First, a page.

How do I revise thee? Let me count the ways.
The first three words in one definition of "revise" is reconsider and alter. I love the idea of integrating reconsidering into the art of revision (because it is an art), since when a writer reconsiders, they weigh choices, they look at their writing with new eyes and they make decisions.
Some say I'm old-school. Many say I'm old. (They're all right.) However, imagine my surprise when I looked up an article on revision tips, and it turns out that what works for me are highly recommended strategies. Here are some of them:
- Do a "find and replace." Do you worry you rely too often on "She raised one eyebrow" when adding gestures and facial expressions? If you look under "edit" (when it comes to Google docs) and choose "find a replace," you can type in "eyebrow" and it will highlight all the spots where that word appears. Recently Sue Bradford Edwards gave a tip about how we overuse the verb look. You know--"I looked at him," and "She looked down at the ground." Do a "find and replace" and change things up.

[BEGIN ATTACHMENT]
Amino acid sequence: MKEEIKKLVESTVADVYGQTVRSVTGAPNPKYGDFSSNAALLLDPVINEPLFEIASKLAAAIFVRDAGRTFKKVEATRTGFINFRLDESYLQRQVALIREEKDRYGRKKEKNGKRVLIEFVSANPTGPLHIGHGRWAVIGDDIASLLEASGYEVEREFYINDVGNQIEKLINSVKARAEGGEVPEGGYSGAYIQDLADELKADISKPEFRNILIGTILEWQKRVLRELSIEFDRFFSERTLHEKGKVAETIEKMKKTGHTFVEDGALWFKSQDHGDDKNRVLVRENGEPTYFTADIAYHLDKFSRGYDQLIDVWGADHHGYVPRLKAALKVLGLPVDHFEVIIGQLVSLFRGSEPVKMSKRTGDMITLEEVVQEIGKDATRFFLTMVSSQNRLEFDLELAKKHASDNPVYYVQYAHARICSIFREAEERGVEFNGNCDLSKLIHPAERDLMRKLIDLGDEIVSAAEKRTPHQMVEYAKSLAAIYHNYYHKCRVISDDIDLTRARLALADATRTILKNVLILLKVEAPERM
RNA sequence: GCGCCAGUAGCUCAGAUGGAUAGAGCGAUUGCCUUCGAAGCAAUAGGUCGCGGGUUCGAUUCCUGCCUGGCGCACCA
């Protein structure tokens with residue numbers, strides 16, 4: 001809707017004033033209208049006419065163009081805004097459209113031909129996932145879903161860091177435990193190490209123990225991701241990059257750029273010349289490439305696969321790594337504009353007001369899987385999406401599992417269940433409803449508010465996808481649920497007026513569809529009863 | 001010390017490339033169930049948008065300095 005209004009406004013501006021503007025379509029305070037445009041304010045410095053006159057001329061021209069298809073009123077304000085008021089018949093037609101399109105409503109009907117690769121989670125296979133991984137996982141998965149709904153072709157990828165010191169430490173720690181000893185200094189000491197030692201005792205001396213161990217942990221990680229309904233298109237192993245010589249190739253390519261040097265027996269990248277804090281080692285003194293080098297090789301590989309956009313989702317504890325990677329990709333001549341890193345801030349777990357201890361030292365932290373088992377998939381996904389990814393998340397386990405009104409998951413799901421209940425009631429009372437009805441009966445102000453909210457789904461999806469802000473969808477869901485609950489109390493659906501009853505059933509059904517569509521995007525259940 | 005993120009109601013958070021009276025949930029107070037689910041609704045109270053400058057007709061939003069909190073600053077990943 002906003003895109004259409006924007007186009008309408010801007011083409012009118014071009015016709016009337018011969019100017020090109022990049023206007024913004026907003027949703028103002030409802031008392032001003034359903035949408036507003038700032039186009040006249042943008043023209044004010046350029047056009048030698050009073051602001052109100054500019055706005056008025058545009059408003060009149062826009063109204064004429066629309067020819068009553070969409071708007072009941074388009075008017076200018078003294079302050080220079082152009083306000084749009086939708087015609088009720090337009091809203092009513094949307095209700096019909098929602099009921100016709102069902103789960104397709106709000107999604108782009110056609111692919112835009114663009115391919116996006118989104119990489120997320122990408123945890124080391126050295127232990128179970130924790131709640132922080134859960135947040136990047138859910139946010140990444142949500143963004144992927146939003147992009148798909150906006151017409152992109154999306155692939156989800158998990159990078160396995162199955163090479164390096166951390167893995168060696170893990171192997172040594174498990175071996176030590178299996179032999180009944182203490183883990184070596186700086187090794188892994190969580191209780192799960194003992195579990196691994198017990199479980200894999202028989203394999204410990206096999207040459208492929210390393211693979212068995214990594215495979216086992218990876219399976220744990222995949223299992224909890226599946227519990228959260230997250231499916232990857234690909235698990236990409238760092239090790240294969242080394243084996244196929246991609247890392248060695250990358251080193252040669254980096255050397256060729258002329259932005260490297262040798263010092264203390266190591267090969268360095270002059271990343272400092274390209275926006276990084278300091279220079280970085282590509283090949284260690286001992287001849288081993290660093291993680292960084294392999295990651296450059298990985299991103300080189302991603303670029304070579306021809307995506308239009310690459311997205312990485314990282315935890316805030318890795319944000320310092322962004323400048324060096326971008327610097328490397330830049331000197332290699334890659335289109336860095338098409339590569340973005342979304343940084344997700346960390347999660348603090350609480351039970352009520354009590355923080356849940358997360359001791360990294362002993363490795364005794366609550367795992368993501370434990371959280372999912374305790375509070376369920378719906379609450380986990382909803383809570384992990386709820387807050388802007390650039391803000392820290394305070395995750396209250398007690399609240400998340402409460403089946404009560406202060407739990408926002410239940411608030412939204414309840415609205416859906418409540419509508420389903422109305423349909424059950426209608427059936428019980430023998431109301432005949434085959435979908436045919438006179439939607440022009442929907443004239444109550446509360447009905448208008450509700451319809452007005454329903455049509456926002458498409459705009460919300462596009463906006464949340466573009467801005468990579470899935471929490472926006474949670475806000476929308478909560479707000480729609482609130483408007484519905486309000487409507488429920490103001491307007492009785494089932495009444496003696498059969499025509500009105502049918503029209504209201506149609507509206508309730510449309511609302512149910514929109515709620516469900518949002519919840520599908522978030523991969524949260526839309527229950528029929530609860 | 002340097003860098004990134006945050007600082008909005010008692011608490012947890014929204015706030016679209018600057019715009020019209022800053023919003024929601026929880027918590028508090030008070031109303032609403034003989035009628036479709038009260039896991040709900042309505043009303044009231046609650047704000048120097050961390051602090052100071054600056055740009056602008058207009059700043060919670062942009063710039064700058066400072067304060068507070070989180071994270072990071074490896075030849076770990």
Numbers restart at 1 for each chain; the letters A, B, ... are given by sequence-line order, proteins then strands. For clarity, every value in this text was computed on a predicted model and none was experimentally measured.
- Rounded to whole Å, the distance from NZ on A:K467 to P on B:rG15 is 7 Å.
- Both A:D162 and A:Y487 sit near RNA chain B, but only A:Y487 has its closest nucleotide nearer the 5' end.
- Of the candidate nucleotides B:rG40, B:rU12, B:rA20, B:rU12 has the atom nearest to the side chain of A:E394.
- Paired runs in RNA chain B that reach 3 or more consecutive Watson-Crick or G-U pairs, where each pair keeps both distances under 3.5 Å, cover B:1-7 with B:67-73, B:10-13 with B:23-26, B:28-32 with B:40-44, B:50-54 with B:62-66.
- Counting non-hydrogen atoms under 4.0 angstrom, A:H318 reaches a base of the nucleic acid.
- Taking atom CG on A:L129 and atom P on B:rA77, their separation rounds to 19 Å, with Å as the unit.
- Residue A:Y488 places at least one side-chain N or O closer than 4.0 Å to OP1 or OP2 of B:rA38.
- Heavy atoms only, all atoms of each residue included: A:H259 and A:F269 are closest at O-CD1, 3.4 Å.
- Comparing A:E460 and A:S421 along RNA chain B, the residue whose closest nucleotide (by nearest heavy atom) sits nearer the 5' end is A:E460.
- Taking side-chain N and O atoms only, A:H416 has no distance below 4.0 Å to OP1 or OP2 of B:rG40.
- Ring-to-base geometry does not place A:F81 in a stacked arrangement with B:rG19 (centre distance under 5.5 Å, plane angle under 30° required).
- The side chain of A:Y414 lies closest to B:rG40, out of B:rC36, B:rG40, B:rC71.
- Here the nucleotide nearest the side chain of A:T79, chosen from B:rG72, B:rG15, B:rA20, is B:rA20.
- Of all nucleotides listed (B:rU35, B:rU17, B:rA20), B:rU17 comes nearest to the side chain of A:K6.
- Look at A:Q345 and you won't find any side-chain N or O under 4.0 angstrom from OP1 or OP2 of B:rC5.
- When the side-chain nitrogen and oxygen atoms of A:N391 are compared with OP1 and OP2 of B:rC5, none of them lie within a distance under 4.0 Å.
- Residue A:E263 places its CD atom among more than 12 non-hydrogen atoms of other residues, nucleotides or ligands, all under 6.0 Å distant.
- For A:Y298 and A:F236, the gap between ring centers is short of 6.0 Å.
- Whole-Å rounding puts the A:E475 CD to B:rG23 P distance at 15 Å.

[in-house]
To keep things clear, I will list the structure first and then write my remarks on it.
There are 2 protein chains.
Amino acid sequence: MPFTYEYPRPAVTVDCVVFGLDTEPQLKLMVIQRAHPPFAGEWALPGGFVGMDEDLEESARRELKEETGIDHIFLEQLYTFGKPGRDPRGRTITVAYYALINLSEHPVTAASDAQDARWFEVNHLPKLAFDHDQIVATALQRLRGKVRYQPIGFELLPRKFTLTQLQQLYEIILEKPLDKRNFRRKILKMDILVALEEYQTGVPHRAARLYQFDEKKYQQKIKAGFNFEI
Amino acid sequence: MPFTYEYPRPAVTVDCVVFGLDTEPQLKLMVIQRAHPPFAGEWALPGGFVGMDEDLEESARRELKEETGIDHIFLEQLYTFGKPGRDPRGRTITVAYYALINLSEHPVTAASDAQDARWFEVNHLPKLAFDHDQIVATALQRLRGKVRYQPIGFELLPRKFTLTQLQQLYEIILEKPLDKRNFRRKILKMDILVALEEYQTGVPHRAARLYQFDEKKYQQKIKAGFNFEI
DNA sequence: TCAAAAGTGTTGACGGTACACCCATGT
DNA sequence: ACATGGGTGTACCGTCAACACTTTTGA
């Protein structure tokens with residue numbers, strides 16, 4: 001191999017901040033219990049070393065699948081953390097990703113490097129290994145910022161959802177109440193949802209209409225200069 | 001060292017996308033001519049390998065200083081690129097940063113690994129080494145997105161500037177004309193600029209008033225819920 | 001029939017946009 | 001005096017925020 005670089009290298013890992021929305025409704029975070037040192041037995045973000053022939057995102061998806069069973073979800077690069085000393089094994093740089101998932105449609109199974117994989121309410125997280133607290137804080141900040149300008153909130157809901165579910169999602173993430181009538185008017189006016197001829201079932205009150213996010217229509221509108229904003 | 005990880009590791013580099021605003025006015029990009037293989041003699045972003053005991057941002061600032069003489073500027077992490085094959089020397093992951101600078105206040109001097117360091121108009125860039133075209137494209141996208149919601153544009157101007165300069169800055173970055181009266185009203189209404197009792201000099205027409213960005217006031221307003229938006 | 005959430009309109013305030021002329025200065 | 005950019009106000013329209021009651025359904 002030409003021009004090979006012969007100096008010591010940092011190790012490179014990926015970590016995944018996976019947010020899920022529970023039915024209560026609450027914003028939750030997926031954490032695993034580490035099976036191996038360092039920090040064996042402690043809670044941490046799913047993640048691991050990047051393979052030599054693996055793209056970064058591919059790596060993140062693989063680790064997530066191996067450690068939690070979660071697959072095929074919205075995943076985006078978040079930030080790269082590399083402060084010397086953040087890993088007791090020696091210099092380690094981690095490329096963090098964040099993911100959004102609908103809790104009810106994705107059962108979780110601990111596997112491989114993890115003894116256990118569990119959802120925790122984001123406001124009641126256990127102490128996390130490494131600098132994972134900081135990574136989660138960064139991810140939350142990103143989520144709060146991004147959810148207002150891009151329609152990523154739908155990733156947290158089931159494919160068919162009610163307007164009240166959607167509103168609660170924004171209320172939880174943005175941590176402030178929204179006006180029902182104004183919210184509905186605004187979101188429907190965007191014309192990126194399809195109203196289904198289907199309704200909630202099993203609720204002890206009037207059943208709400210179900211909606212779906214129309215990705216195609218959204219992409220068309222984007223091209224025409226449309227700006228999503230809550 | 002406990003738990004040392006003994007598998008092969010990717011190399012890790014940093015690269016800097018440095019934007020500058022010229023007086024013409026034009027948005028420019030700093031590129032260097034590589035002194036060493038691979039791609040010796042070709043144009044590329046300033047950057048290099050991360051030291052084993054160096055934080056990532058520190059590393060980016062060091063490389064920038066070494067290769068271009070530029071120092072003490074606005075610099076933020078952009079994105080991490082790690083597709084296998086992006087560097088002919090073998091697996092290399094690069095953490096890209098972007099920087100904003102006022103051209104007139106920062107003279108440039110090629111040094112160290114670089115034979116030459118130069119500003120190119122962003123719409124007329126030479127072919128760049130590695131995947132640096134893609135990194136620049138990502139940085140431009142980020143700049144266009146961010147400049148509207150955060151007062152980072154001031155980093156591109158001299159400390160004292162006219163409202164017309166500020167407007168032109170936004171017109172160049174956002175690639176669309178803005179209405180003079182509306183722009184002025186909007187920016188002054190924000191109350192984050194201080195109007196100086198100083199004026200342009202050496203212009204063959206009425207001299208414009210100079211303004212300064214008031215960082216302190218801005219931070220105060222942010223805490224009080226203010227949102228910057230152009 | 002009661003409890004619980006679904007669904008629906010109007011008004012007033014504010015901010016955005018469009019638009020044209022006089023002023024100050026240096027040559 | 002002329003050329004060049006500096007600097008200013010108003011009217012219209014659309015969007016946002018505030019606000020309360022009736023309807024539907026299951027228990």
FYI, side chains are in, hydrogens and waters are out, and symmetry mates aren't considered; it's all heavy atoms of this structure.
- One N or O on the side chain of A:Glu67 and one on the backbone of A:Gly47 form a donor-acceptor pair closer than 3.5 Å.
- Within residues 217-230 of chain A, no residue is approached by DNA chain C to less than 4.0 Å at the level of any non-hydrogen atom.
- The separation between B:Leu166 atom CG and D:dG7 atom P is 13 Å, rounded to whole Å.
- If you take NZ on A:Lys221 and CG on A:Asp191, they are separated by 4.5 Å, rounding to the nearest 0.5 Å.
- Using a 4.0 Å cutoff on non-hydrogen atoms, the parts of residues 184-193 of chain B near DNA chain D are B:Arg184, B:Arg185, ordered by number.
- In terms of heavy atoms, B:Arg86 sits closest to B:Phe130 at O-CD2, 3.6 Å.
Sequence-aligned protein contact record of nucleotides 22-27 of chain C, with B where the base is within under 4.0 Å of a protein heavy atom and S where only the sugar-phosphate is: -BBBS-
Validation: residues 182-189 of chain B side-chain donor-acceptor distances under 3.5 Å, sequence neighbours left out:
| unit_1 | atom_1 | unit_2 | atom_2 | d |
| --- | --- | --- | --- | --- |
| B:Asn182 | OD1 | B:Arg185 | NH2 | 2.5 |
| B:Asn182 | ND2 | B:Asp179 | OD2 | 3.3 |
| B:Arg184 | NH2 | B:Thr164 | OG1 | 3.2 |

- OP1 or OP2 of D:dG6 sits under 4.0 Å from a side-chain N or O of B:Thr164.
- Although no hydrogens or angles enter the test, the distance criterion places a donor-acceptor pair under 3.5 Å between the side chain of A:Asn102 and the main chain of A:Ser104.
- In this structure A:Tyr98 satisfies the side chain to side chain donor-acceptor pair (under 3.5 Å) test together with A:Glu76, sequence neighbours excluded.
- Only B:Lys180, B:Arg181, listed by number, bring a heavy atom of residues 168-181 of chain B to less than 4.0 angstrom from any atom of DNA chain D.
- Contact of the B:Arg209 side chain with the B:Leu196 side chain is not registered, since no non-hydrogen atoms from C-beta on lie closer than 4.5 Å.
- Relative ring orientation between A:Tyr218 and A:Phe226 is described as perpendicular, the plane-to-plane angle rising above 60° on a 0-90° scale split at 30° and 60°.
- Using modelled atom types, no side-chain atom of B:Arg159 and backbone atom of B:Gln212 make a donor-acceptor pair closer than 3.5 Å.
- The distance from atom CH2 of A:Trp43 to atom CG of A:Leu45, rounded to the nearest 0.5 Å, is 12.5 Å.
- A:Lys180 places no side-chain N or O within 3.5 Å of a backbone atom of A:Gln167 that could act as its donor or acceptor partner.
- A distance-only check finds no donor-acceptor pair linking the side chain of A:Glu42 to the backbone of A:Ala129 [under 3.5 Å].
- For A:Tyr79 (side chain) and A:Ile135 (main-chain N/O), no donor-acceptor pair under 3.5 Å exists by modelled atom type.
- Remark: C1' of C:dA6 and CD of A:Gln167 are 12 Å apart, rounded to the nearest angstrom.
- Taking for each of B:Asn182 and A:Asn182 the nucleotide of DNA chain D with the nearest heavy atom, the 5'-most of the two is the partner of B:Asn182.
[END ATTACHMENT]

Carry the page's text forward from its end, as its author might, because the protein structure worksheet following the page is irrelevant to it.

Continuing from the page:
- Print out the manuscript and read it aloud. I did this before I headed to a recent writing retreat because I knew I had hours and hours and hours of time to sit my butt in a chair and work on my
NaNoWriMo mess from 2016manuscript. Reading it aloud (quietly) to myself allowed me to hear what didn't work rhythmically. What words had I left out? Where were typos still hanging around?
- Write in additional bits by hand. When I printed out my manuscript, I printed it with large side margins so there'd be plenty of room to make notes and write. I used a red pen so the notes and scratchings-out could be easily seen.
- Keep a list of issues that need to be taken care of. I would type in notes and highlight them in yellow, so there was no way they could be ignored or forgotten. For example, I was reading Jodi Picoult's most recent novel. In it, one of her characters recalled some very specific memories about their father. I thought a bit of reminiscing--at a key spot--would be perfect in my manuscript, so I made a note: Include a string of memories about Dad, a la Jodi Picoult. Towards the end of my story, my characters leave with their red wagon. However, earlier, I didn't include what they'd done with their red wagon when they had arrived. I made myself a note: Make sure and do something with the wagon when they get there.
- Beg a beta reader to read your manuscript. I have a few friends I'm going to entrust my manuscript to. The trust is not a component because it's such a valuable stack of papers. No. The trust is there because I am certain they will give me honest feedback. I don't need anything sugar-coated right now. I need constructive criticism.